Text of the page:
Leetcode: RLE Iterator

RLE Iterator



Similar Problems:


Write an iterator that iterates through a run-length encoded sequence.

The iterator is initialized by RLEIterator(int[] A), where A is a run-length encoding of some sequence. More specifically, for all even i, A[i] tells us the number of times that the non-negative integer value A[i+1] is repeated in the sequence.

The iterator supports one function: next(int n), which exhausts the next n elements (n >= 1) and returns the last element exhausted in this way. If there is no element left to exhaust, next returns -1 instead.

For example, we start with A = [3,8,0,9,2,5], which is a run-length encoding of the sequence [8,8,8,5,5]. This is because the sequence can be read as “three eights, zero nines, two fives”.

Example 1:

Input: ["RLEIterator","next","next","next","next"], [[[3,8,0,9,2,5]],[2],[1],[1],[2]]
Output: [null,8,8,5,-1]
Explanation: 
RLEIterator is initialized with RLEIterator([3,8,0,9,2,5]).
This maps to the sequence [8,8,8,5,5].
RLEIterator.next is then called 4 times:

.next(2) exhausts 2 terms of the sequence, returning 8.  The remaining sequence is now [8, 5, 5].

.next(1) exhausts 1 term of the sequence, returning 8.  The remaining sequence is now [5, 5].

.next(1) exhausts 1 term of the sequence, returning 5.  The remaining sequence is now [5].

.next(2) exhausts 2 terms, returning -1.  This is because the first term exhausted was 5,
but the second term did not exist.  Since the last term exhausted does not exist, we return -1.

Note:

  1. 0 <= A.length <= 1000
  2. A.length is an even integer.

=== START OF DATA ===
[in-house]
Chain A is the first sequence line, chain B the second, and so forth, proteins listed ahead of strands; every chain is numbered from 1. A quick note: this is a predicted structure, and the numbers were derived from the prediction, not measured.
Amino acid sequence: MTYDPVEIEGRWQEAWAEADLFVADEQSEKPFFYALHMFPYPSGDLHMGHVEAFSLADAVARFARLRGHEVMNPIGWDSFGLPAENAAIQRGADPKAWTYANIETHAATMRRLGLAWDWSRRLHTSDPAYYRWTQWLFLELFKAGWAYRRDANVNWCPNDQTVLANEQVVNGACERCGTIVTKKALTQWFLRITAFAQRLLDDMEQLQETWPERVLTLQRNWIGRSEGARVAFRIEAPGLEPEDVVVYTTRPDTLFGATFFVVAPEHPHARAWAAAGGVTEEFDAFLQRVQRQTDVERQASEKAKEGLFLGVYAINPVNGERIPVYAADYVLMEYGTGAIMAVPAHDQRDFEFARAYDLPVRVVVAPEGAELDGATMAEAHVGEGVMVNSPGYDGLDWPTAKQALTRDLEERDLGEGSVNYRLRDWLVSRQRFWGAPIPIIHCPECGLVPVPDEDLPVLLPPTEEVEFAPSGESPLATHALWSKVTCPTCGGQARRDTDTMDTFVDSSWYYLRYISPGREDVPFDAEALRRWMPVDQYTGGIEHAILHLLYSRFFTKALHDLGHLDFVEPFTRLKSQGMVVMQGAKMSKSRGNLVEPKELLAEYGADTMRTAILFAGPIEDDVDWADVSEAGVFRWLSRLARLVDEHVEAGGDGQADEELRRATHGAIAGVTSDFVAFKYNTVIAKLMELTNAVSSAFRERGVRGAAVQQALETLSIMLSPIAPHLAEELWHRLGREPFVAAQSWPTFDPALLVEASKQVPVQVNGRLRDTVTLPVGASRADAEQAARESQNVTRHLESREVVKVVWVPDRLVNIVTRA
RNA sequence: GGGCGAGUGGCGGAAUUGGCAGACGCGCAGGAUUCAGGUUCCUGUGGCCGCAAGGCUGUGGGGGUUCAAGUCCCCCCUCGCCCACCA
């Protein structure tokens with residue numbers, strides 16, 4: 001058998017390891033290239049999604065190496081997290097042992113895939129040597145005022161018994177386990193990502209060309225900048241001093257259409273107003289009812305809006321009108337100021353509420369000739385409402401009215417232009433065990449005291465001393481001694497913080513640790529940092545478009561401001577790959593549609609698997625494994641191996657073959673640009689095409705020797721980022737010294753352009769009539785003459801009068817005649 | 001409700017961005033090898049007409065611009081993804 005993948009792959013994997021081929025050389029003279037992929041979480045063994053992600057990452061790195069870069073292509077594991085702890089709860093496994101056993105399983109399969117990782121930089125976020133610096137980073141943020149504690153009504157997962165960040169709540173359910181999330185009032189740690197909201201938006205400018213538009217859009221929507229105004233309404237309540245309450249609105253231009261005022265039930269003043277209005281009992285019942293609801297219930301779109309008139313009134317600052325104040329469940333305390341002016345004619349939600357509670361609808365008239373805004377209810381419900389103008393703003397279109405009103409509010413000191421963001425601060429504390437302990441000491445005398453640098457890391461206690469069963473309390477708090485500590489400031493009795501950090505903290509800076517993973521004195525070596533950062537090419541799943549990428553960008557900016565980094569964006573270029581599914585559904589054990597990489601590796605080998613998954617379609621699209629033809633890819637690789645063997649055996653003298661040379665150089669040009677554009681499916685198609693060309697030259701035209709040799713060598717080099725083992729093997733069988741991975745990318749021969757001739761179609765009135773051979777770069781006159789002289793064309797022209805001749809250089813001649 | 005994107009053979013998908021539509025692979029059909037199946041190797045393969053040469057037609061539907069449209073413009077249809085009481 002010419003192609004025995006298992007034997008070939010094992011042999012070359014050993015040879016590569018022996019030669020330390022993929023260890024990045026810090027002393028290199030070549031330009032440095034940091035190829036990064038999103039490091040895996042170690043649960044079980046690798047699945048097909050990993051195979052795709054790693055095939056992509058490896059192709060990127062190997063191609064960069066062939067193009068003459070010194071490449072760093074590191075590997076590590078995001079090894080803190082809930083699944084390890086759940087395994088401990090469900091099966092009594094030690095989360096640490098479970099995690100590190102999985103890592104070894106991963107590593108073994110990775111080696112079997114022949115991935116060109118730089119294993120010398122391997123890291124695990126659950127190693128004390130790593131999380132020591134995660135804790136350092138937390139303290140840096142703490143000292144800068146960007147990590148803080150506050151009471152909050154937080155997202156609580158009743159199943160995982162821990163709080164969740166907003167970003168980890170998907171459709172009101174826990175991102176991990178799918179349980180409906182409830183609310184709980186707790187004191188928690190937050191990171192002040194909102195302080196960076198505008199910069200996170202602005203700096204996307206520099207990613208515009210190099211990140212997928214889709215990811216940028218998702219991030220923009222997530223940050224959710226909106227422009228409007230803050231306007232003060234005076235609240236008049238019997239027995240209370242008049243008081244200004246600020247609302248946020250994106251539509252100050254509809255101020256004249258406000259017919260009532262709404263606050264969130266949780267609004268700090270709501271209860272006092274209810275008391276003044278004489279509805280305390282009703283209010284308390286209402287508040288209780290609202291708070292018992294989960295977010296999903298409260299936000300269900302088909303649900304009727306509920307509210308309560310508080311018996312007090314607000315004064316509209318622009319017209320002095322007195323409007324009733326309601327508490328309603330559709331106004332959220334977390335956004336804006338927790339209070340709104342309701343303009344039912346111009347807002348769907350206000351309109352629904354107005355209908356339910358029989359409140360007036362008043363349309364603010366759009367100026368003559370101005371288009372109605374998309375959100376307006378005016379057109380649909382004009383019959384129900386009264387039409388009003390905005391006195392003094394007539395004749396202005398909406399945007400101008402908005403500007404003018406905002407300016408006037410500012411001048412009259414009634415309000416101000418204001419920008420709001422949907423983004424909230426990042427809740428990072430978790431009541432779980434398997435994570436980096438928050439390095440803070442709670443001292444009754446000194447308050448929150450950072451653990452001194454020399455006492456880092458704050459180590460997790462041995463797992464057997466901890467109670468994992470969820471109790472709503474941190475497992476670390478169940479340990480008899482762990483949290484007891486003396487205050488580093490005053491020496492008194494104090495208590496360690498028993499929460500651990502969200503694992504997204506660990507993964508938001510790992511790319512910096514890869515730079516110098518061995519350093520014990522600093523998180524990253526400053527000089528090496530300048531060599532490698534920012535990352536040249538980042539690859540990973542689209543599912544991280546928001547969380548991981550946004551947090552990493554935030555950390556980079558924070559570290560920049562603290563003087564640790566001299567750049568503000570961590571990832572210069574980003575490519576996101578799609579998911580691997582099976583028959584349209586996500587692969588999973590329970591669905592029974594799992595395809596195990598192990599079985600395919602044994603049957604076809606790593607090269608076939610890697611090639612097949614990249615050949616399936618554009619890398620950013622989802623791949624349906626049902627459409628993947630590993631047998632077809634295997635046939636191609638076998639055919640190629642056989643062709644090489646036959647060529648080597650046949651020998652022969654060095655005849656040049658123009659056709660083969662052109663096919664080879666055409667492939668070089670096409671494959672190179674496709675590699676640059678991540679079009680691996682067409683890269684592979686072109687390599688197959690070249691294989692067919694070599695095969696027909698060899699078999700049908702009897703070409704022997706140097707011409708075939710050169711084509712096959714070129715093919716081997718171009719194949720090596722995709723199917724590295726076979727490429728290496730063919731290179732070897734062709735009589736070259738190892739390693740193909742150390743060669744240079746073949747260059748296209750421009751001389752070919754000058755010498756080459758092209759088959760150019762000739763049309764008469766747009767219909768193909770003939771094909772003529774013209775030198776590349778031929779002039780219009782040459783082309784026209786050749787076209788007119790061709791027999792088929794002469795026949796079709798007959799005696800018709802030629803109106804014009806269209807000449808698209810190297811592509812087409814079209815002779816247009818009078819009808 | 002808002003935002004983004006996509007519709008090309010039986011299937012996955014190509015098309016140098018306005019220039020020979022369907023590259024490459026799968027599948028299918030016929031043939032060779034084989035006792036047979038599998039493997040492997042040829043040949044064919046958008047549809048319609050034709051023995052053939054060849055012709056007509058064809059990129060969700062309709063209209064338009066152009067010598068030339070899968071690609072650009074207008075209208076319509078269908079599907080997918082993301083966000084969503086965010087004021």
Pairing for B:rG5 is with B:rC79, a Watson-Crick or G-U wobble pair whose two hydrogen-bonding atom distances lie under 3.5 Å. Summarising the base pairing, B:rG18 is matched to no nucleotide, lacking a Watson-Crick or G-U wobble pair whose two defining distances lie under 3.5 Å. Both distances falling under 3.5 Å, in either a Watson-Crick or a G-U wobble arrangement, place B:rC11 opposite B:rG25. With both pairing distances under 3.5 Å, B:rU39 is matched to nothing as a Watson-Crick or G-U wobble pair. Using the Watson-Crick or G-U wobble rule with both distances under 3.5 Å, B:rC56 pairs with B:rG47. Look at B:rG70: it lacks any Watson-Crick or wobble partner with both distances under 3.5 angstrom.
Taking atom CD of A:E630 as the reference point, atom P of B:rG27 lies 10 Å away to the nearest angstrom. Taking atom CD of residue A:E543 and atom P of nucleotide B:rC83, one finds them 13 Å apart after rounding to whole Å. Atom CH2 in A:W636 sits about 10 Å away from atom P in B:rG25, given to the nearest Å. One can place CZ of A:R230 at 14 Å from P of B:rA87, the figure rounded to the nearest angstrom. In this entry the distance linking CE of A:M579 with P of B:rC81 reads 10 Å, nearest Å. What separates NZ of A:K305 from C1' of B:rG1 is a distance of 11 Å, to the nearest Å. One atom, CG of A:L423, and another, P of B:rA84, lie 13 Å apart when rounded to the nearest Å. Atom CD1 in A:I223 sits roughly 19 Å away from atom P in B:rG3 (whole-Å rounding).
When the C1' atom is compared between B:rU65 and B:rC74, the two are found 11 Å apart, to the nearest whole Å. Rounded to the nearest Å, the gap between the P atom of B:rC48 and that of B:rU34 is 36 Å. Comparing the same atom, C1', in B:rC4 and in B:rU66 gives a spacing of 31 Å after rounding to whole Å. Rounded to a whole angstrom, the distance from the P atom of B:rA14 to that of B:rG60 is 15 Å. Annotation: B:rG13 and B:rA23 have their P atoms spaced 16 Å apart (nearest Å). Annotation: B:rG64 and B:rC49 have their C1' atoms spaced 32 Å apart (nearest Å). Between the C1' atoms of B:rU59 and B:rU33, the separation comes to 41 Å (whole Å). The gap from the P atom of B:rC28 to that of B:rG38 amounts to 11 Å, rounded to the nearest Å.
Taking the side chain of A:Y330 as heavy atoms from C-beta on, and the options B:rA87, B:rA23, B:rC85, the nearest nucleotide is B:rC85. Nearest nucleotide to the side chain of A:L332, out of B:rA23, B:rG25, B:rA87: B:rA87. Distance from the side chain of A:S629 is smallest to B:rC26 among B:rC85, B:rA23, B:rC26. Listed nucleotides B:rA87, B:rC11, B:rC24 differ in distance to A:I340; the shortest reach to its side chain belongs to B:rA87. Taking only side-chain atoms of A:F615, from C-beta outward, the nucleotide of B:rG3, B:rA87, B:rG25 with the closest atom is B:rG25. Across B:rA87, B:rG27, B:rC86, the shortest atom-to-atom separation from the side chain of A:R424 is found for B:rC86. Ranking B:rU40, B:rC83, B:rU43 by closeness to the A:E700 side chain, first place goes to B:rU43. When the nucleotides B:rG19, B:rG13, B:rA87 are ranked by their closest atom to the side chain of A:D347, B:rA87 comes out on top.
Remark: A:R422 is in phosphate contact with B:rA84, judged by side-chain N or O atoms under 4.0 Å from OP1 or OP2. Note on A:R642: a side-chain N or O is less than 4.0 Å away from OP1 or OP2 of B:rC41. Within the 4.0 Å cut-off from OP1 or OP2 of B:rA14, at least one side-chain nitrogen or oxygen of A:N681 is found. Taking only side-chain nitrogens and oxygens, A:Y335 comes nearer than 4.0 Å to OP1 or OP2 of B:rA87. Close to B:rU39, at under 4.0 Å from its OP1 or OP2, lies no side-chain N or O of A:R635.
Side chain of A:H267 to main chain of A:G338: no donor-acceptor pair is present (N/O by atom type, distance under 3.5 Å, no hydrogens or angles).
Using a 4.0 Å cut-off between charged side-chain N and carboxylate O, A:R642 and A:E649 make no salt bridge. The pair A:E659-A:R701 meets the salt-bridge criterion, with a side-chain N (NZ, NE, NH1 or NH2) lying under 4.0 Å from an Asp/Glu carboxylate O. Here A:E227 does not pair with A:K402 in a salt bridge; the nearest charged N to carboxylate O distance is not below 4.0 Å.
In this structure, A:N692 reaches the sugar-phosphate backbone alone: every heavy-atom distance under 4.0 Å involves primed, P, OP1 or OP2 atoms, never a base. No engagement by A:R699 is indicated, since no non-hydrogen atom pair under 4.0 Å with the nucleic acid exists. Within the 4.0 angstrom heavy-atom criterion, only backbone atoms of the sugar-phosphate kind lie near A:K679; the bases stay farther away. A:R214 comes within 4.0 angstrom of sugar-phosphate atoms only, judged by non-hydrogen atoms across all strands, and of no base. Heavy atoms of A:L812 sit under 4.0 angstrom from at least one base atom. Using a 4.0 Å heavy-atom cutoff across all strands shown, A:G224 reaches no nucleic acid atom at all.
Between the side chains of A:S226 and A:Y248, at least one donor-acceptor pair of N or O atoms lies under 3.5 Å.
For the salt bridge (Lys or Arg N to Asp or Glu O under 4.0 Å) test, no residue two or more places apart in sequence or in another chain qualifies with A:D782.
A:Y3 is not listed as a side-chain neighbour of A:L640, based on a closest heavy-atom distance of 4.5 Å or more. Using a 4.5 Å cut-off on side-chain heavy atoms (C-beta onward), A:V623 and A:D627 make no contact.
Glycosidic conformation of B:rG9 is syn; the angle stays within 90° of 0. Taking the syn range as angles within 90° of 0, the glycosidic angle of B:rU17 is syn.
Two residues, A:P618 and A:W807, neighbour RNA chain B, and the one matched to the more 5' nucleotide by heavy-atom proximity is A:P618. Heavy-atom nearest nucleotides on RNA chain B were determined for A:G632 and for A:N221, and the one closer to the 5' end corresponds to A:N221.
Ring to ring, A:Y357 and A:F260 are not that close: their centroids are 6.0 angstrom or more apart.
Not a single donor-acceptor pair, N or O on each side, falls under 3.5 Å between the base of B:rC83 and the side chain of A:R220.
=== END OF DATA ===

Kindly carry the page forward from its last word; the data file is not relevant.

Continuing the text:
3. 0 <= A[i] <= 10^9
  4. There are at most 1000 calls to RLEIterator.next(int n) per test case.
  5. Each call to RLEIterator.next(int n) will have 1 <= n <= 10^9.

Github: code.dennyzhang.com

Credits To: leetcode.com

Leave me comments, if you have better ways to solve.


  • Solution:
// Blog link: https://code.dennyzhang.com/rle-iterator
// Basic Ideas: linkedin list
// Complexity: Time O(n), Space O(n)
type RLENode struct {
    cnt, val int
    next *RLENode
}

type RLEIterator struct {
    head *RLENode
}

func Constructor(A []int) RLEIterator {
    head := &RLENode{0, 0, nil}
    p := head
    for i:= 0; i < len(A)-1; i+=2 {
        node := &RLENode{A[i], A[i+1], nil}
        p.next = node
        p = p.next
    }
    return RLEIterator{head}
}

func (this *RLEIterator) Next(n int) int {
    if this.head.next == nil { return -1 }
    p := this.head.next
    cnt := p.cnt
    for cnt < n && p != nil {
        p = p.next
        if p != nil { cnt += p.cnt }
    }
    res := -1
    if cnt < n || p == nil {
        this.head.next = nil
    } else {
        p.cnt = cnt-n
        this.head.next = p
        res = p.val
    }
    return res
}

/**
 * Your RLEIterator object will be instantiated and called as such:
 * obj := Constructor(A);
 * param_1 := obj.Next(n);
 */
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